As military demand for UAVs is satisfied in coming years, Boeing must look to alternative customers to market its products. The increased R&D spending will not have gone to waste because military technologies often have civilian applications. For example, jet engines developed for military aircraft in WWII were used on commercial airliners by 1952.
As shown by the North Dakota theft, selling military grade drones to civilian law enforcement agencies is an exciting possibility. In addition to being covert, drones are less expensive than helicopters and do not require pilots to put their lives at risk when tracking dangerous criminals.
UAVs could be used for civilian applications beyond assisting police forces. Air cargo traffic is expected to increase by 5.2% annually for the next 15 years. Long-haul freighters with larger payloads are expected to make up 60% of this traffic, indicating the importance of range and capacity in the cargo segment. While K-MAX, an unmanned cargo drone manufactured by Lockheed Martin, was used to carry supplies for the Marine Corps in Afghanistan, having been selected above Boeing’s A160T Hummingbird – a drone with lower capacity but higher endurance –the long endurance of Boeing’s cargo drone is an asset in the civilian sector. FedEx, for example, would likely be interested in buying cost efficient drones from Boeing to fly cargo; FedEx’s International Domestic operations experienced 31% revenue growth in 2012. Although an attractive alternative to conventional cargo planes from a cost perspective, Boeing’s current drone offering is not yet a perfect fit with FedEx’s needs due to limited cargo capacity. This issue will need to be addressed through innovation if BDS drones are to become truly superior to manned cargo aircraft.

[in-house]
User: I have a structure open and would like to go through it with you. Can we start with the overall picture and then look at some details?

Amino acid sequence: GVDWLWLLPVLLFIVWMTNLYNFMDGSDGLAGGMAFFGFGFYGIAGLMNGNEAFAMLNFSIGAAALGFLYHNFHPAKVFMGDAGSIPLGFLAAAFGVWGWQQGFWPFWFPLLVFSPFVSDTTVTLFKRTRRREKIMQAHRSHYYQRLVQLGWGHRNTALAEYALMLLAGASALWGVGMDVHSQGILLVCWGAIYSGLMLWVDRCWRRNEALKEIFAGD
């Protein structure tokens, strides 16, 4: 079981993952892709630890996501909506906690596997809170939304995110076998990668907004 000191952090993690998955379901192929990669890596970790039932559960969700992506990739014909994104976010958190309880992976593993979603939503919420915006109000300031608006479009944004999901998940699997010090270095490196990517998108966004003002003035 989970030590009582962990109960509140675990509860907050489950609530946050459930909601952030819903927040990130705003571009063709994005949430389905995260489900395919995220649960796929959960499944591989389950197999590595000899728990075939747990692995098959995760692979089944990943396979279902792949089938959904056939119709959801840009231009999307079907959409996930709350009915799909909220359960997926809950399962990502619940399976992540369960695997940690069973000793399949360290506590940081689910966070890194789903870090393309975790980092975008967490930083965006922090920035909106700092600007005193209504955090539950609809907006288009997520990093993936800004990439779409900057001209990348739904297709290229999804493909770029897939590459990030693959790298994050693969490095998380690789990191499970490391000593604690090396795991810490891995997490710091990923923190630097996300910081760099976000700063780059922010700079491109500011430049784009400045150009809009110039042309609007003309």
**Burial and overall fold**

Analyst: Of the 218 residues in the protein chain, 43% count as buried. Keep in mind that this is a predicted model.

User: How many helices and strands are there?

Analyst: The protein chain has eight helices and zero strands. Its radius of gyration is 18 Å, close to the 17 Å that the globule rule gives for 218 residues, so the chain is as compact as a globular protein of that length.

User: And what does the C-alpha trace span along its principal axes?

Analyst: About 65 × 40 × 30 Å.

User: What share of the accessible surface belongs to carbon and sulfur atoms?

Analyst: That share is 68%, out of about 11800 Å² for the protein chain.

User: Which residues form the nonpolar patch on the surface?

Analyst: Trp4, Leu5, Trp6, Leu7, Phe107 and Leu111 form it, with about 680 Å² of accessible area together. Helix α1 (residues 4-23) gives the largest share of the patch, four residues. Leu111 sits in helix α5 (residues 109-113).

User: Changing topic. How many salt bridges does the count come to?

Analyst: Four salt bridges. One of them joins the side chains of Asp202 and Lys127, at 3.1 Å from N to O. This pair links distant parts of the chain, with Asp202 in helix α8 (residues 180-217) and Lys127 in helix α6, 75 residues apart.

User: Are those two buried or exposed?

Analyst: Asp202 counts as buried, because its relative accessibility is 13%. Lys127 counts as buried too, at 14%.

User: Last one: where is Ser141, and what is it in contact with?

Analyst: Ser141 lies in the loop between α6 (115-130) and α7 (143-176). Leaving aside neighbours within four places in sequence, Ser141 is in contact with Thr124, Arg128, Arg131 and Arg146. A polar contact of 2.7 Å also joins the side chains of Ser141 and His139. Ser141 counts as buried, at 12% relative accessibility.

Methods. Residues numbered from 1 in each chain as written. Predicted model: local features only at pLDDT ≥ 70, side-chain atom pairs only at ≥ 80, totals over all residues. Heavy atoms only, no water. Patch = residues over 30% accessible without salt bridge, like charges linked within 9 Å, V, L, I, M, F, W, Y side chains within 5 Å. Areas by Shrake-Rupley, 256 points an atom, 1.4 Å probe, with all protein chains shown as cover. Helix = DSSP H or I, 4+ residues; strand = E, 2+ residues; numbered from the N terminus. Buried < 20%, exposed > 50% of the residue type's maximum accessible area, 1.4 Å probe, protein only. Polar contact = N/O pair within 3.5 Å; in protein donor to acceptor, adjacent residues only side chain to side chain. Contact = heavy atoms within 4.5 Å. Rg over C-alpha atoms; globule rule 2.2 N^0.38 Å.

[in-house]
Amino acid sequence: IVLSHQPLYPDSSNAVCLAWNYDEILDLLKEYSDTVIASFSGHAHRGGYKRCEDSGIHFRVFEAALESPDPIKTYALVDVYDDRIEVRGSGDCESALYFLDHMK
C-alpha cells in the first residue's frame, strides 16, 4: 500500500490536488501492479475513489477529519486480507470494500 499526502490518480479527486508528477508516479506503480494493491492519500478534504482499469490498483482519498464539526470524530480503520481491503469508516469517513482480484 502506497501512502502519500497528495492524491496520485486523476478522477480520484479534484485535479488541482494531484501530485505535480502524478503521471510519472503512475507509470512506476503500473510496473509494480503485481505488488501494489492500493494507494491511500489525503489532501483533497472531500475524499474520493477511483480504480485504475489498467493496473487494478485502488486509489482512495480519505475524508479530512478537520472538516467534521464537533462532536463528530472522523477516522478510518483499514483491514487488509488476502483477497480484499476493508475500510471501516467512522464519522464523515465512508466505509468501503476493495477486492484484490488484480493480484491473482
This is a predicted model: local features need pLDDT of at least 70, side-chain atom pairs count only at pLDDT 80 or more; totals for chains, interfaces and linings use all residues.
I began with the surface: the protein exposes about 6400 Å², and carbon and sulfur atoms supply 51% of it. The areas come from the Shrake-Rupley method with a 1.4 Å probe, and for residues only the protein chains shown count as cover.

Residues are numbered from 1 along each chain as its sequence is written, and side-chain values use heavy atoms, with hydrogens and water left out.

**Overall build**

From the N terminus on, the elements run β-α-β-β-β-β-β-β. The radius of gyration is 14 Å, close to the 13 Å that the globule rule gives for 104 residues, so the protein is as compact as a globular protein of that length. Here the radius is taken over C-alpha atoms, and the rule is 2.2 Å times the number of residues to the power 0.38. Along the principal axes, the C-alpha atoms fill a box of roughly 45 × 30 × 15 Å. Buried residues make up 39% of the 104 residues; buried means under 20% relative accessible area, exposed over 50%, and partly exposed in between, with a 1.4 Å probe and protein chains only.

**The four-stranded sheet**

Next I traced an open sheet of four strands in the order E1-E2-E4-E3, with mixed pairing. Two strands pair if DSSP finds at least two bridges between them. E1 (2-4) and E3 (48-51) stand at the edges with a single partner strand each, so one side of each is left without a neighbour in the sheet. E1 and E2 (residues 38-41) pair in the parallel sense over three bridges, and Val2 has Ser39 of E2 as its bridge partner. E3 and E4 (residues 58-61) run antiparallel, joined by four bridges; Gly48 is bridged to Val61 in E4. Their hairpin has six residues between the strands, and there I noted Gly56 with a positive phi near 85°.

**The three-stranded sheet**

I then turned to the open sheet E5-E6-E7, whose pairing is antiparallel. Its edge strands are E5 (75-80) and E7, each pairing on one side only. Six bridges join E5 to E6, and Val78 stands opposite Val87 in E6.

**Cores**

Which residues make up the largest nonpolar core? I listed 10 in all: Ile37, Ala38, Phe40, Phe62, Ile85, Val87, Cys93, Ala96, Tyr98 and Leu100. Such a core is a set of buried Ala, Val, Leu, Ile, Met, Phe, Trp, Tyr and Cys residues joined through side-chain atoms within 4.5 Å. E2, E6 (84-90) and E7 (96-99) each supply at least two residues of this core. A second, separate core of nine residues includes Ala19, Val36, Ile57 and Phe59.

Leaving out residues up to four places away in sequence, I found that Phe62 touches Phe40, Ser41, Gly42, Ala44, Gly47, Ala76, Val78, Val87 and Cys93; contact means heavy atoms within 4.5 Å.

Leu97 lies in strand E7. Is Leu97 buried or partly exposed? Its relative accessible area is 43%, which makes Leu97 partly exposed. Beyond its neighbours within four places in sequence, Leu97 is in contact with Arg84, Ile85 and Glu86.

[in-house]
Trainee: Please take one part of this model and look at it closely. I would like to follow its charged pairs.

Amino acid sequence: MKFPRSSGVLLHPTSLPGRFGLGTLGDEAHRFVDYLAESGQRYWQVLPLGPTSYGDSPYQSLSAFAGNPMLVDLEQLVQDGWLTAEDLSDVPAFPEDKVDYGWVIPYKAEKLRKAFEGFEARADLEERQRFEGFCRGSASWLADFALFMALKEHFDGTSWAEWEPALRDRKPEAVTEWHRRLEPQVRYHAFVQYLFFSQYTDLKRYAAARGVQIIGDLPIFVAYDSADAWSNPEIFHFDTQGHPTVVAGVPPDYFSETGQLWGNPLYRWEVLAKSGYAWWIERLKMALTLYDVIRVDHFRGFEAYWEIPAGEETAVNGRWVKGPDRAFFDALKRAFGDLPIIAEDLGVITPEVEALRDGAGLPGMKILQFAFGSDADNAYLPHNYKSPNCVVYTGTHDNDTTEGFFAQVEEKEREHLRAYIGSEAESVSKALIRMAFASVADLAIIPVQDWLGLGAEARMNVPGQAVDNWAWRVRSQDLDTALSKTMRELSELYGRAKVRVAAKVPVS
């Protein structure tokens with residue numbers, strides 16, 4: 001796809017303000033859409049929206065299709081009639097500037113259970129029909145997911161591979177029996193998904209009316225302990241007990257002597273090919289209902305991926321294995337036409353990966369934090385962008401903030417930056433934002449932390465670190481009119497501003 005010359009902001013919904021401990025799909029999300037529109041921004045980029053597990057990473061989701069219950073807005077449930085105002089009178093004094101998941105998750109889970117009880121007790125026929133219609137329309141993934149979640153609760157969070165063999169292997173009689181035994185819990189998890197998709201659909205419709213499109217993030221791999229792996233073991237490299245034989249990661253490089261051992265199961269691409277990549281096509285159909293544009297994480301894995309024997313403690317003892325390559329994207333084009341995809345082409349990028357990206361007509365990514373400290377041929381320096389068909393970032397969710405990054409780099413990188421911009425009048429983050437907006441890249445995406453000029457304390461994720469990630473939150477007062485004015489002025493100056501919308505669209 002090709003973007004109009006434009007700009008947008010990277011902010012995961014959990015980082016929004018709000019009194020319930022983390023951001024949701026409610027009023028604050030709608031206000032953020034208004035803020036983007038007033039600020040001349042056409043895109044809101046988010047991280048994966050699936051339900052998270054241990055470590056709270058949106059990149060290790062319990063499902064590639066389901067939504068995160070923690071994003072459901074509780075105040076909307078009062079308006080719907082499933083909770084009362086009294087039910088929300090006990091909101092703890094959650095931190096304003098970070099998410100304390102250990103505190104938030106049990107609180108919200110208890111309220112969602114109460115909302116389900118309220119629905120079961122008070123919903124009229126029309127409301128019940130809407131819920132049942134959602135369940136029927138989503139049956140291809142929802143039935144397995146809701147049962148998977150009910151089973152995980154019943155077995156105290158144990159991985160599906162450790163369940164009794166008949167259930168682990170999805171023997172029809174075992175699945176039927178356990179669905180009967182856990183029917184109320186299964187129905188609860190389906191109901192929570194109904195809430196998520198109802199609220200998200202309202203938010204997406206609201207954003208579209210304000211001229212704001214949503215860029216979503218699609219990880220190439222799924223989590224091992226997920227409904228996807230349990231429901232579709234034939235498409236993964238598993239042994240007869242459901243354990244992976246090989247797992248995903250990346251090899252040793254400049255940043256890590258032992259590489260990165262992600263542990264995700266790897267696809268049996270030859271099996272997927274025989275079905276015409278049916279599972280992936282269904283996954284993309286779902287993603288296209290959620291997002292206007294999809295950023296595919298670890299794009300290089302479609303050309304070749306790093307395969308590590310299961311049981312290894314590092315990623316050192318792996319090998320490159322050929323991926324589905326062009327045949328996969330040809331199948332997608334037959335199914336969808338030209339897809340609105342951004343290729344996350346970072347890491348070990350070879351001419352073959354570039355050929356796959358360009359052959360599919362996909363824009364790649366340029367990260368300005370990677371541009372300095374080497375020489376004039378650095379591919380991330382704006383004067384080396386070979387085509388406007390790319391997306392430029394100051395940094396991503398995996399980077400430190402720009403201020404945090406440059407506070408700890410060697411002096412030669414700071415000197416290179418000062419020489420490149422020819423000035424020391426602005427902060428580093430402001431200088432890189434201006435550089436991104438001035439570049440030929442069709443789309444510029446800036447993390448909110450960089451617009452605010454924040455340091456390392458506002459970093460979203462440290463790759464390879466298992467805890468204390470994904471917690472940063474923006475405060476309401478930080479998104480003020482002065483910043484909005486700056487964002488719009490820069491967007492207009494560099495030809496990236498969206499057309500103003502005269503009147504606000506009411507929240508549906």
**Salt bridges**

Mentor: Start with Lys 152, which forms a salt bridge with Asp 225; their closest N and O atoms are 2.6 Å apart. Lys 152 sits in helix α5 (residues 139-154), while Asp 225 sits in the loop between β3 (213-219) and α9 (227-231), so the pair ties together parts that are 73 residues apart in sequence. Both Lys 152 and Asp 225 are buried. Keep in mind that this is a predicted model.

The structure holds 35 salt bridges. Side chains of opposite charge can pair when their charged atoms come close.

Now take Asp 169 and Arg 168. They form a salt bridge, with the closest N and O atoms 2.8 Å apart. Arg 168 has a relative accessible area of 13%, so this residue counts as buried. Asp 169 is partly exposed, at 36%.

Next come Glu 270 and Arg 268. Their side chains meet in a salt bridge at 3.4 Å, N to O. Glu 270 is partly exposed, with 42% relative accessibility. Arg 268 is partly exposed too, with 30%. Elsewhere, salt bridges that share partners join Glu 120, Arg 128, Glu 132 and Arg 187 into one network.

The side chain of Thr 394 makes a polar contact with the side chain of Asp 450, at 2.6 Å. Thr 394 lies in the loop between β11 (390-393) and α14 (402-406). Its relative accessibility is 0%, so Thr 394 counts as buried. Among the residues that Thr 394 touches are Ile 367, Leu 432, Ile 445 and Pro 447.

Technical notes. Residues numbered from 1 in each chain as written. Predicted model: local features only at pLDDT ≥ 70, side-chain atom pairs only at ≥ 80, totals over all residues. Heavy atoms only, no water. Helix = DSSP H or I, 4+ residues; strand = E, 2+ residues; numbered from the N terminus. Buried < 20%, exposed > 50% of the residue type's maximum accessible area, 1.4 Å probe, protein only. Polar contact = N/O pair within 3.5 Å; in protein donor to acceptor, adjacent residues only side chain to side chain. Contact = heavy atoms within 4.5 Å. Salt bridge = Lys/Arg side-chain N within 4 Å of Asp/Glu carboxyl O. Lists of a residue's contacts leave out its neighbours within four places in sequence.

To begin a transition towards civilian application of UAVs, building cargo drones will help Boeing outcompete its main rival, Airbus. Approximately one fifth of FedEx’s current fleet is made of Airbus aircraft. A low cost drone offering provides Boeing with the means to steal FedEx orders for new aircraft. This can be a remunerative strategy for Boeing, especially if also applied to companies like UPS and DHL.
If solutions to range and capacity issues are found, Boeing need not stop at manufacturing drone cargo aircraft. There are no secrets about the intense competition between Boeing and Airbus in the passenger aircraft market. Airbus, owned by the defense firm EADS, has a 30% market share in the global commercial aircraft industry and sufficient order backlog to maintain its leading position in the $150B industry for the foreseeable future. Boeing trails closely with 26% of the market, but can secure a unique advantage by manufacturing passenger drones. Airbus would be required to invest significant time and R&D in order to match Boeing’s offering.
If this technology were integrated into passenger and cargo jets, expensive pilots could be eliminated and the chances of human error could be reduced. Of course, even machines are susceptible to erratic behavior; the idea of pilot-less civilian planes, and the liabilities surrounding them, make passengers and regulators uneasy. However, the fact is that the latest generation of airplanes are already capable of performing numerous functions without input from a pilot, and it would be a relatively small step to physically remove the pilot and replace him or her with less expensive ground crews.
Genuine revolutions are few and far between. The last revolution in aviation took place with the development of the jet engine. While commercial airplanes have seen gradual developments since 1950’s, these have been evolutionary. With a compelling cost argument, UAVs will fundamentally alter the nature of aviation as fewer manned aircraft roam the skies. Although people may not be ready for a drone passenger jet, the UAV revolution presents opportunity in cargo freight and domestic security; opportunity Boeing cannot ignore.